Crosslinked polyurethane medical prosthesis

- Ethicon, Inc.

A fibrous polyurethane medical prosthesis wherein the polyurethane has been at least partially crosslinked with a haloalkylisocyanate.

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Illustrative and non-limiting Examples of processes according to the present invention which are used to form a product according to the present invention are given below. It should, however, be appreciated that the Examples given below describe the invention purely by way of illustration, and that modifications of detail can be made within the scope of the invention.


1. A polytetramethylene ether polyurethane urea resin (Biomer, supplied by Ethicon) was dissolved in dimethyl acetamide and was electrostatically spun according to the process described in GB-A-2,120,946 or GB-A-2,121,286 onto cylindrical formers to produce a number of tubular electrostatically spun fibrous products having a fiber on the average about one micrometer in diameter.

One such product was immersed in a bath of dimethyl acetamide and had completely dissolved within two hours of immersion.

A second such product was placed, on its former, in a sealable glass container which was then evacuated to remove gas from the container and the product. A quantity of chloromethylisocyanate was introduced into the evacuated container without it directly contacting the product. The product was retained in that container for 24 hours at a temperature of approximately C., whereupon the container is returned to atmospheric pressure, excess liquid chloromethylisocyanate is removed and the product is washed in water to remove any unreacted cross-linking agent adsorbed on the fibers.

The microscopic and macroscopic appearance of the thus treated product was compared with that of a similar, untreated product, which were observed to be substantially the same. It was also observed that the flexibility and porosity of the treated product was substantially the same as those of the untreated product. However, the elongation, flexural and burst strength and the resistance to creep of the treated product were superior to those of the untreated product.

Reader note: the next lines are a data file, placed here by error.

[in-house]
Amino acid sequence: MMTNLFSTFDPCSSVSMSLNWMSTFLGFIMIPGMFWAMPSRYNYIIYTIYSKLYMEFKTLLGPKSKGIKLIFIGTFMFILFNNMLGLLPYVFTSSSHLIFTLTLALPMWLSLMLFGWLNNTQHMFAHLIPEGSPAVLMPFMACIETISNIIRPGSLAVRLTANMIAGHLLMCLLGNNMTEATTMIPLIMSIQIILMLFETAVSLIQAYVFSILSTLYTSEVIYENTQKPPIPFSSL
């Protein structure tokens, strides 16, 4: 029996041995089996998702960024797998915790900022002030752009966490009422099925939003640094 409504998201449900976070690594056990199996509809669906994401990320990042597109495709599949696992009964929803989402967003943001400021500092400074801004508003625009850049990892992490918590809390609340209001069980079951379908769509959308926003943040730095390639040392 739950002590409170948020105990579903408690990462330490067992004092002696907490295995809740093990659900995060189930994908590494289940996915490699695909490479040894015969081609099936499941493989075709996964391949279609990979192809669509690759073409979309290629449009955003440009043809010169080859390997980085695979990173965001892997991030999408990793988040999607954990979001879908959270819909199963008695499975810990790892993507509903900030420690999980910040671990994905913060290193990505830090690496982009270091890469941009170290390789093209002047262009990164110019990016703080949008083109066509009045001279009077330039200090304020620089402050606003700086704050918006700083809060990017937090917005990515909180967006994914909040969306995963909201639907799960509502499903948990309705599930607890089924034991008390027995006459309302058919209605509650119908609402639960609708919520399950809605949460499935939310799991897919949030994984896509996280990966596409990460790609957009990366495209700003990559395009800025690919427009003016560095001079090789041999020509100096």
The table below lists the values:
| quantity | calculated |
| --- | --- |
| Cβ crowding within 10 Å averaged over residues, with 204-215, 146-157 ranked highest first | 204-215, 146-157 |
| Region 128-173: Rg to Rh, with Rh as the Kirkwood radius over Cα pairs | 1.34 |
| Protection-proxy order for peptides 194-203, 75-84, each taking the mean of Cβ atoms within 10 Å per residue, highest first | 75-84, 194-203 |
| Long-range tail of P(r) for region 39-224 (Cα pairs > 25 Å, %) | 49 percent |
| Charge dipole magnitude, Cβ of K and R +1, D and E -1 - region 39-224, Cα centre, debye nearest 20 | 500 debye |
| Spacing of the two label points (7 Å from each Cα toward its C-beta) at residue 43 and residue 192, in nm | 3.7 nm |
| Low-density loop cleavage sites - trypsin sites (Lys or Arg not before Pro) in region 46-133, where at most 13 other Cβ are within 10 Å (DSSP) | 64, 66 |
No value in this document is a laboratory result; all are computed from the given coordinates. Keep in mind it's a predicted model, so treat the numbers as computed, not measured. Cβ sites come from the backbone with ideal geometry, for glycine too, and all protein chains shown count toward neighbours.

The treated product was then immersed in a bath of dimethyl acetamide. After 24 hours immersion very little, if any of the product had dissolved, indicating that the fibers had been highly cross-linked. This also shows that the cross-linked material could not have been used in an electrostatic spinning process.

Thus, the process of the present invention produces an electrostatically spun product having improved strength and creep resistance properties but in which its porosity, flexibility and handleability have not been substantially adversely affected.

2. Solutions of Biomer in N,N dimethylacetamide may be easily cross-linked by direct addition of chloromethyl isocyanate.

Typically 10 grams of a 15% w/w solution of Biomer in N,N dimethyl acetamide is gelled within seconds by direct addition of 0.5 ml neat chloromethyl isocyanate to ultimately yield a hard elastomeric network which is no longer soluble in any non-degrading liquid.

3. Films of poly(ether urethanes) Tecoflex (Thermedic) prepared by extrusion and Pellethane (Bayer) cast from N,N dimethyl acetamide solution (2% w/w) were cross-linked by immersion in a solution of chloromethyl isocyanate in hexane (10% v/v) for 24 hours. After washing and drying all films having received this treatment were found to swell but not dissolve in N,N dimethyl acetamide unlike all untreated samples. The mechanical properties of the cross-linked films were found to be markedly superior to those which were untreated.


1. A polyurethane medical prosthesis which is an electrostatically spun product comprising a structure of fibrous polyurethane material wherein the polyurethane material in the individual fibers is at least partially crosslinked with the a vaporizable halo-alkylisocyanate,

wherein there is substantially no crosslinking between the fibers.

2. The medical prosthesis of claim 2, wherein the halo-alkyl isocyanate is chloromethyl isocyanate.

Referenced Cited
U.S. Patent Documents
3442843 May 1969 Keberle et al.
4016303 April 5, 1977 Poirier et al.
4044404 August 30, 1977 Martin et al.
4381380 April 26, 1983 LeVeen et al.
Patent History
Patent number: 4904272
Type: Grant
Filed: Jul 22, 1988
Date of Patent: Feb 27, 1990
Assignee: Ethicon, Inc. (Somerville, NJ)
Inventors: Ian P. Middleton (Liverpool), Jerzy Paprotny (Gliwice)
Primary Examiner: Richard J. Apley
Assistant Examiner: Paul Prebilic
Attorney: Robert L. Minier
Application Number: 7/222,997